Sunday, August 18, 2019 1:00 am
Remodelers eyeing 2020
Busy now, but many wary of slump in home sales
LISA GREEN | The Journal Gazette
Randy Shank has been in the remodeling business 20 years and can usually schedule new projects in about 30 days.
But if you call Auburn-based Shank Custom Builders Inc. these days, you're likely to face a wait of 60 to 90 days.
“I'm kind of buried in it right now,” Shank said last week. “For me, my business has taken off. I would hope it's me, and not the economy. I get a lot of referrals.”
Matthew Hilty, owner of MJH Construction in New Haven, is also enjoying a similar demand.
“I'm probably booked out about a good month and a half or two months right now,” Hilty said.
Remodelers are having one of their busiest summers ever, but some industry observers suspect that could change in some areas.
The annual gain in home-improvement spending is expected to fall by as much as half in many major real estate markets by the end of this year, according to the Joint Center for Housing Studies of Harvard University.
That's good news for homeowners with big projects on their lists, but it's putting remodelers, handymen and their subcontractors on edge.
“If you've been in business more than two years you're always worried about what next year will be like,” said John Sylvestre of Sylvestre Remodeling and Design in Richfield, Minnesota. “I'm a little more nervous about what's going to happen next year.”
The biggest worry is slowing home sales, a leading indicator for home-improvement expenditures. Here's why: Homeowners are much more willing to defer big projects than those making a move.
Sylvestre and other contractors say that when people remodel their current homes, they tend to tackle smaller projects and spend less than move-up buyers.
Harvard's Leading Indicator of Remodeling Activity says annual gains in homeowner expenditures for improvements and repairs across the nation are expected to shrink to just 0.4% by the second quarter of 2020. That's compared with 6.3% now.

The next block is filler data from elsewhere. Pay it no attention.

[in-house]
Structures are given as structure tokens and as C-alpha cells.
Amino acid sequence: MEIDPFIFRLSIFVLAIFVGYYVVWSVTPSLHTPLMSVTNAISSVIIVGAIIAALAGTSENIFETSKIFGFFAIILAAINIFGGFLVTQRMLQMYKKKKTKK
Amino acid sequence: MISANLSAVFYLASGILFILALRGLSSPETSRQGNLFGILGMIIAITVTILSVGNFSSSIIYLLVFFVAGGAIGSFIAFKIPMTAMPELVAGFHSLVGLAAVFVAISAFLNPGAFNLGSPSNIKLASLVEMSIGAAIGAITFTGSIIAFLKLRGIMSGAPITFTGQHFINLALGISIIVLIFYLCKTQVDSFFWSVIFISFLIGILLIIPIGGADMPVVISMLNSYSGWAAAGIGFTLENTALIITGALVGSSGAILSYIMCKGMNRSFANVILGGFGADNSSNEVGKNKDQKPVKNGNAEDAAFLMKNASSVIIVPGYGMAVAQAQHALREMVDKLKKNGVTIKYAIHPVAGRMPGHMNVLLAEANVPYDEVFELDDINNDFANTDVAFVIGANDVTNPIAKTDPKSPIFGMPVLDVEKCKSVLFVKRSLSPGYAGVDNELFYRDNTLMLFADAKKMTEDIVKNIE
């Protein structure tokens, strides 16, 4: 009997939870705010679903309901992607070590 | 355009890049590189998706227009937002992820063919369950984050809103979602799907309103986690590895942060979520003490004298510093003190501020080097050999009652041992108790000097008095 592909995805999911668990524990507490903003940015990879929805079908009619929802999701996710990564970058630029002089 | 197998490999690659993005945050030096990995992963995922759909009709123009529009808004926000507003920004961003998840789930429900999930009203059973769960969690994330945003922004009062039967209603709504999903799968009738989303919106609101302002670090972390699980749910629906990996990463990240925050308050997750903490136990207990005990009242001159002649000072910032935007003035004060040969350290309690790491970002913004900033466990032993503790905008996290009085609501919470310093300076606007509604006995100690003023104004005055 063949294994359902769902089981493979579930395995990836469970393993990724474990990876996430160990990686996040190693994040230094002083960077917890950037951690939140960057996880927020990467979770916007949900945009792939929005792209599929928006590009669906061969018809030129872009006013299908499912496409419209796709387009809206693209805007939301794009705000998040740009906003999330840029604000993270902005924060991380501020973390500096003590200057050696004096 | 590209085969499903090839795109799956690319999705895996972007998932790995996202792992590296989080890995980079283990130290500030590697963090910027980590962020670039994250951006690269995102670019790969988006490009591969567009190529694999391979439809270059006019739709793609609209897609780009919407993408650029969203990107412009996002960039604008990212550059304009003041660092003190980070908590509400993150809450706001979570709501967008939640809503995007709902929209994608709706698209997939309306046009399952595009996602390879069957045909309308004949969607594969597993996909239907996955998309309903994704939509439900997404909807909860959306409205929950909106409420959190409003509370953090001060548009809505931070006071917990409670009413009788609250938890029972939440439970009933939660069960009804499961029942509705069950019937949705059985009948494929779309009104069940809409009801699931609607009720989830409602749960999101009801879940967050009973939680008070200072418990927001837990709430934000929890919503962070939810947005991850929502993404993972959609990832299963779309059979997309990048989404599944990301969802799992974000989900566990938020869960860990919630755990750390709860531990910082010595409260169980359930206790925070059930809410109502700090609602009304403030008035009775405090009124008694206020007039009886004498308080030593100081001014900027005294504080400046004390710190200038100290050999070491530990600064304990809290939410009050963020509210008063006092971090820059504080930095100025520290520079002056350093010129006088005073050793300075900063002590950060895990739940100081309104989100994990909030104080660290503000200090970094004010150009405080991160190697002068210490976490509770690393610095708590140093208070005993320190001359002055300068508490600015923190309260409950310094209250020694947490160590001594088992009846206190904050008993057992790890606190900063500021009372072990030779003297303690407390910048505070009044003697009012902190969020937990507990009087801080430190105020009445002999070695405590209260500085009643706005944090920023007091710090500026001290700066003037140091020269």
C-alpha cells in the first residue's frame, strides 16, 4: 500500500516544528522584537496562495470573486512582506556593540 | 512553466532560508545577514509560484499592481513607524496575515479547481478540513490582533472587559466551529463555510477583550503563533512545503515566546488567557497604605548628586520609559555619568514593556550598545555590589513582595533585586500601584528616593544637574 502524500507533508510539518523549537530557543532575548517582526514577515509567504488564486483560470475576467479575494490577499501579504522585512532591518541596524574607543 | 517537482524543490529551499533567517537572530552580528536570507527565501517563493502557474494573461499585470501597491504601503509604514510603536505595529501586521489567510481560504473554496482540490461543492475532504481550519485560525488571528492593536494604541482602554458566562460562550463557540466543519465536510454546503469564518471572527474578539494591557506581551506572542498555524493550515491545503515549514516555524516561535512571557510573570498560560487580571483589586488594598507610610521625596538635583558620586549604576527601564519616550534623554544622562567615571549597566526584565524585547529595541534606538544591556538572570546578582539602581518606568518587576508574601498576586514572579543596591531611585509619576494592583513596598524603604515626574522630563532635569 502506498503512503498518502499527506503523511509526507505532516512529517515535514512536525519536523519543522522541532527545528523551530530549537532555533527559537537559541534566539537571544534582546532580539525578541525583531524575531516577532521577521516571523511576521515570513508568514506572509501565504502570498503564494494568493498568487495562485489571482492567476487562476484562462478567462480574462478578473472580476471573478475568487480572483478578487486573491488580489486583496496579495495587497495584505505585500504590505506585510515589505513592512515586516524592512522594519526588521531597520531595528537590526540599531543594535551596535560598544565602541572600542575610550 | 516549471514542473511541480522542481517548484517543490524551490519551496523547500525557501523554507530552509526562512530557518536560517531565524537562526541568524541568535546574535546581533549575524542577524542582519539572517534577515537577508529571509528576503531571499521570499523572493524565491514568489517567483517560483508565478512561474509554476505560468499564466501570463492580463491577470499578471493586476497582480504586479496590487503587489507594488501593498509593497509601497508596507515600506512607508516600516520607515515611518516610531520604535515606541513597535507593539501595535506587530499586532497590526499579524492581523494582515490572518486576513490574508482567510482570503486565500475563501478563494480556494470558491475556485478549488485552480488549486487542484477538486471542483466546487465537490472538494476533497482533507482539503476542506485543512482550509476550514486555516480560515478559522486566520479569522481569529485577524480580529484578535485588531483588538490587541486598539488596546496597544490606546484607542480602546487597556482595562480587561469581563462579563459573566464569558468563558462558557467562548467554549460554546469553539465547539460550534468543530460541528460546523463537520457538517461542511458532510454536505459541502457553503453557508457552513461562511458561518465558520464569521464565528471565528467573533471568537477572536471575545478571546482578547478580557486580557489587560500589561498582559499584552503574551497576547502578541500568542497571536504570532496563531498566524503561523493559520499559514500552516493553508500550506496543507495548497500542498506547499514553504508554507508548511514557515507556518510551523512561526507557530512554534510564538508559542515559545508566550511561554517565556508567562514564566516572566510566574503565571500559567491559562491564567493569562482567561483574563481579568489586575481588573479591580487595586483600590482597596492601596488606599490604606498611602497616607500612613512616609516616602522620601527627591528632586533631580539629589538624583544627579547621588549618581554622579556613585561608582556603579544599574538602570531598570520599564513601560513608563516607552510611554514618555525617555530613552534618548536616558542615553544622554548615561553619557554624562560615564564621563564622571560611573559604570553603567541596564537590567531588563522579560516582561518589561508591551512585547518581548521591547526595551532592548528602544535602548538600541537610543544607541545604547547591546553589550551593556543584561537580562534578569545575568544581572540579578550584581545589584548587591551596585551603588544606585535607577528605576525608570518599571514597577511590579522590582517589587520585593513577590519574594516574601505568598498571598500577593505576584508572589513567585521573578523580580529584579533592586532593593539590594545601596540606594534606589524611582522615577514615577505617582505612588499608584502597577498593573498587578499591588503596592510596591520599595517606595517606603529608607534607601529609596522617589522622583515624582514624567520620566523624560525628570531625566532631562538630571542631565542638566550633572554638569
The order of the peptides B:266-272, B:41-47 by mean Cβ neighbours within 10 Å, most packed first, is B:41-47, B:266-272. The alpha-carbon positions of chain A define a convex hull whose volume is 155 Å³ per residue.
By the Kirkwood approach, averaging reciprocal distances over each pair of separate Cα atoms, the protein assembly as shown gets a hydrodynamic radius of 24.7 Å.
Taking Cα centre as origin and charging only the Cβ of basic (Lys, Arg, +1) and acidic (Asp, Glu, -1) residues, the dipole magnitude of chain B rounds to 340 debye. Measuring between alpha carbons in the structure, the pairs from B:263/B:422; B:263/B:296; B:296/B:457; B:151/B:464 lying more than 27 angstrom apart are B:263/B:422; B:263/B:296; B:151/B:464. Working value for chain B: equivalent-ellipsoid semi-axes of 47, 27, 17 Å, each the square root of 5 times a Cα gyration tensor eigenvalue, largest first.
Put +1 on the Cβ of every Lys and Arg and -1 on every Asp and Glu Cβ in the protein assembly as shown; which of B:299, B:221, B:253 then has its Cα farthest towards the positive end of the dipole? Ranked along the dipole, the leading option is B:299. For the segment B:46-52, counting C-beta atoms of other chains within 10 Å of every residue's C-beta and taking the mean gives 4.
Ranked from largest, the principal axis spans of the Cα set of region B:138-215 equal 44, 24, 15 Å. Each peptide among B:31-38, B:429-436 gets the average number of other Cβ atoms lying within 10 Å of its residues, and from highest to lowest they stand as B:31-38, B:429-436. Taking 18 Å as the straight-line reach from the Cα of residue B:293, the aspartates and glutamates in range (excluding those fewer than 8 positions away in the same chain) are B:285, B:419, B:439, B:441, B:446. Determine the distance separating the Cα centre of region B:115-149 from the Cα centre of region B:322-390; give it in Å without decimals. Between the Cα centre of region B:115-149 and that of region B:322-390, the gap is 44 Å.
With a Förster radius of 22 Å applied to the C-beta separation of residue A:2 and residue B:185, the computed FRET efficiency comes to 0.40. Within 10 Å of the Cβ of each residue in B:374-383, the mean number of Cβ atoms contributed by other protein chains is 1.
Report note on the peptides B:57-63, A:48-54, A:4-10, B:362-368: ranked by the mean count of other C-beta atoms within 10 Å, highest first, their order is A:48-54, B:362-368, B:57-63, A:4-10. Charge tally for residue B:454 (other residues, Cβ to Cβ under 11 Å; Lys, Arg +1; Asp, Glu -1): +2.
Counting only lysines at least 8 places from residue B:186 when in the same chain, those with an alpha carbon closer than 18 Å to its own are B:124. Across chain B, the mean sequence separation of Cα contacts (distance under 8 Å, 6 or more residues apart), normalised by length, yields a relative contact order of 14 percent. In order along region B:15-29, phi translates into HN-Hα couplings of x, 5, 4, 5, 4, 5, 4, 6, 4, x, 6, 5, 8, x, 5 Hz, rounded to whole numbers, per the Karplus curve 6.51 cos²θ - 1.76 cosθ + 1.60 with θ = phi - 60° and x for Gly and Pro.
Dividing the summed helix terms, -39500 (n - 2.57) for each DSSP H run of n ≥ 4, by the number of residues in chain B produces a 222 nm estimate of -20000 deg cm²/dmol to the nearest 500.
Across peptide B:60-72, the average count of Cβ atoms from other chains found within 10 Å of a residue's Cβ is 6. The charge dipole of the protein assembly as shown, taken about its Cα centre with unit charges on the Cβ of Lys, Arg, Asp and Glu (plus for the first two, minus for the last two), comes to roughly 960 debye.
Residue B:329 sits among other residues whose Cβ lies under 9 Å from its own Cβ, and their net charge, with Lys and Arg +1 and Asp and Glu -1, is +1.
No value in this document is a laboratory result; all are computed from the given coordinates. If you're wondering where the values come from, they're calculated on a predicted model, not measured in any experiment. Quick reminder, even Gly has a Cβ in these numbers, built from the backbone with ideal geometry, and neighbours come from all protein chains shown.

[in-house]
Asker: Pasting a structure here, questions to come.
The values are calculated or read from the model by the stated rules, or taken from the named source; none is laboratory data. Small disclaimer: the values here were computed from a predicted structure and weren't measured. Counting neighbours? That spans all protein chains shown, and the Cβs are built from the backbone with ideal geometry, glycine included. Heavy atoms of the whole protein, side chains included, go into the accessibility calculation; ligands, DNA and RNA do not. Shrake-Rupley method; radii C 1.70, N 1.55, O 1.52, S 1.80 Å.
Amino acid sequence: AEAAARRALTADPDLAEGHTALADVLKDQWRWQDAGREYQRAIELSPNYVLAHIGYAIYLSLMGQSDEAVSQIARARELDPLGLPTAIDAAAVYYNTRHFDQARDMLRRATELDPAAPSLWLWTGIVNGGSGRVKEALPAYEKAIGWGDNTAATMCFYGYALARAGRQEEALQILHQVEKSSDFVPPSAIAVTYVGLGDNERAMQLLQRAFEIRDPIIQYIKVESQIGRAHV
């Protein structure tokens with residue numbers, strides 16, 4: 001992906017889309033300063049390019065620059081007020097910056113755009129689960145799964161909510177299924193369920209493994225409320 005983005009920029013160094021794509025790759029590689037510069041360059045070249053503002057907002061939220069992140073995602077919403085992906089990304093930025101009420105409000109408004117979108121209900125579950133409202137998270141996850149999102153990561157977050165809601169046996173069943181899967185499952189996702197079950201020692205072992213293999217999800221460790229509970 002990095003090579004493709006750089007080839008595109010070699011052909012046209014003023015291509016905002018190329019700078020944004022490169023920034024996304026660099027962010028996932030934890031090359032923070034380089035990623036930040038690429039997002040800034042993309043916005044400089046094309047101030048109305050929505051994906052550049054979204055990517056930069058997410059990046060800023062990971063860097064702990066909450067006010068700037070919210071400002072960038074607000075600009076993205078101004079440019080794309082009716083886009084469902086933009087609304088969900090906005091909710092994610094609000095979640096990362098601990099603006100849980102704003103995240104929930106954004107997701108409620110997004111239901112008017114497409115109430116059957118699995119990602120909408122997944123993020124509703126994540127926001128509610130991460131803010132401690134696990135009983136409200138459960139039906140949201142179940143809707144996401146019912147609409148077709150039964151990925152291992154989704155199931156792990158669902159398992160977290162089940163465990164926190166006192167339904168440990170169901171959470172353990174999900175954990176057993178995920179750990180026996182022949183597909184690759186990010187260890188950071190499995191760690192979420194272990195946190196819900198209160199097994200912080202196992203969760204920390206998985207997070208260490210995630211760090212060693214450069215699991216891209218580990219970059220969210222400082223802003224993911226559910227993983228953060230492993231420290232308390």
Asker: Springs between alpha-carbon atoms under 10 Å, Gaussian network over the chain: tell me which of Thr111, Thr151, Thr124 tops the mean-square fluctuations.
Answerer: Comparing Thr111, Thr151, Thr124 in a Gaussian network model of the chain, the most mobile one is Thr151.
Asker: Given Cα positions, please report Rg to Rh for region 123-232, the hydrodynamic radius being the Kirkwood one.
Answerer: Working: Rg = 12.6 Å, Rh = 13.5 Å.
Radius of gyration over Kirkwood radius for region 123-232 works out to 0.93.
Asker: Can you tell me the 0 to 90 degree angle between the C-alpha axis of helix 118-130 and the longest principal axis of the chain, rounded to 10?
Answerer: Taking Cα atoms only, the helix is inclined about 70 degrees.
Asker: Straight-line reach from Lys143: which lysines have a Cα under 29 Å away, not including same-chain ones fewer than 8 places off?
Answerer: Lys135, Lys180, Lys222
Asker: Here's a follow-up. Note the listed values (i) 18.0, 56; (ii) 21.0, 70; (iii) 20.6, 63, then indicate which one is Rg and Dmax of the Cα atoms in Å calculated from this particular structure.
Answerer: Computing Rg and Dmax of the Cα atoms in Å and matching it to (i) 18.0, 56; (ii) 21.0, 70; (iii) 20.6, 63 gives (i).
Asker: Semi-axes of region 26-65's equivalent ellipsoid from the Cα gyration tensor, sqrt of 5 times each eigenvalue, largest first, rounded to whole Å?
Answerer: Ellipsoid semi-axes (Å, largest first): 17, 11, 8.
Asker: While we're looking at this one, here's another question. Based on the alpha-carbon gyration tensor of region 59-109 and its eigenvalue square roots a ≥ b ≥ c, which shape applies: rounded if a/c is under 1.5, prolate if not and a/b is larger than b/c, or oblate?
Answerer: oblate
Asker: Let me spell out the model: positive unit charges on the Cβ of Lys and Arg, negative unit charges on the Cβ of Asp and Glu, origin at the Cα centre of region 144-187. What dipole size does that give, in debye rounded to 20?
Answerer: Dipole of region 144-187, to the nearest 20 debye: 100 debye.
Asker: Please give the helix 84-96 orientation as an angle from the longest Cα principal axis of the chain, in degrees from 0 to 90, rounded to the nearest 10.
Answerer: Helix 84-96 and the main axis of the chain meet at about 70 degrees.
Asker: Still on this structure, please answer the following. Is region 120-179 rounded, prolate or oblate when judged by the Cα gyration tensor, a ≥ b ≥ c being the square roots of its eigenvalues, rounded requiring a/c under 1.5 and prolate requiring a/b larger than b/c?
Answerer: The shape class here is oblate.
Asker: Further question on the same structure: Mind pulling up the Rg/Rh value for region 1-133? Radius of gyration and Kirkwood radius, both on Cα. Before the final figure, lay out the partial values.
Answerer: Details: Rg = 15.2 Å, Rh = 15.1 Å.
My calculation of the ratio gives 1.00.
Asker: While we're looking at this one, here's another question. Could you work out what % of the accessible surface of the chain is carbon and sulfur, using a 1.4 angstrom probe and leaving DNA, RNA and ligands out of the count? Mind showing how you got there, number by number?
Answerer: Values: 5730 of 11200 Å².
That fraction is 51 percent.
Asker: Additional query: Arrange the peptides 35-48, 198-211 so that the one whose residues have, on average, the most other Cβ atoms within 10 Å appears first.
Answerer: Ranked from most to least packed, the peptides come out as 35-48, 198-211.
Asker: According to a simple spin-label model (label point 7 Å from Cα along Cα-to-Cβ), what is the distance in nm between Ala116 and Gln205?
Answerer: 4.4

Ed Roskowinski, owner-general manager of Vujovich Design Build in the St. Paul, Minnesota, area, said the coming election year could lead to a possible slowdown.
“Every four years you see a downtick (in sales) for about four months,” he said.
“A lot of our clients are tied to the stock market, so they're a little uncertain and will sit on their wallets and wait until the election is done.”
Hilty, from MJH Construction, remains optimistic.
“I'd say the economy looks pretty good right now,” he said.
Remodeling is a primary focus, but Hilty said he also helps homebuilders, working on doors, trim, fireplace mantels and custom work.
“I guess what I see right now is a lot of kitchen and bathroom remodels going on,” he said.
Homeowners may not be contemplating putting their home on the market, but upgrades help modernize their space and could make the property more desirable later, said Hilty, whose been in the business about three years.
“In two or three years, if they want to sell it, to build or downsize, it makes their current home more marketable,” he said.
Shank said many homeowners are investing in upgrades because they can't find the type of home they desire on the market.
“At some point it's got to go the other way, but (remodeling demand is) lasting longer than I expected,” Shank said.
His son runs NuVision Properties, also in Auburn. NuVision started about five years ago and focuses on flipping, buying distressed property below market value and renovating for resale.
Some remodeling companies say their biggest challenge now is finding skilled workers and subcontractors.
“Our contractors are constantly telling me they have to turn away jobs because they don't have the labor to do the jobs,” said Beatrice Owen, executive director of the Minnesota chapter of the National Association of the Remodeling Industry. “There just aren't enough employees.”
Shank can relate.
“All the guys we hire (subcontractors) are always looking for more workers. ...It's very tough to find skilled help,” Shank said.
“There's always guys for hire, but it's hard to get them to do what they say they're going to do and get them to do quality work.”
The Star Tribune in Minneapolis (TNS) contributed to this story.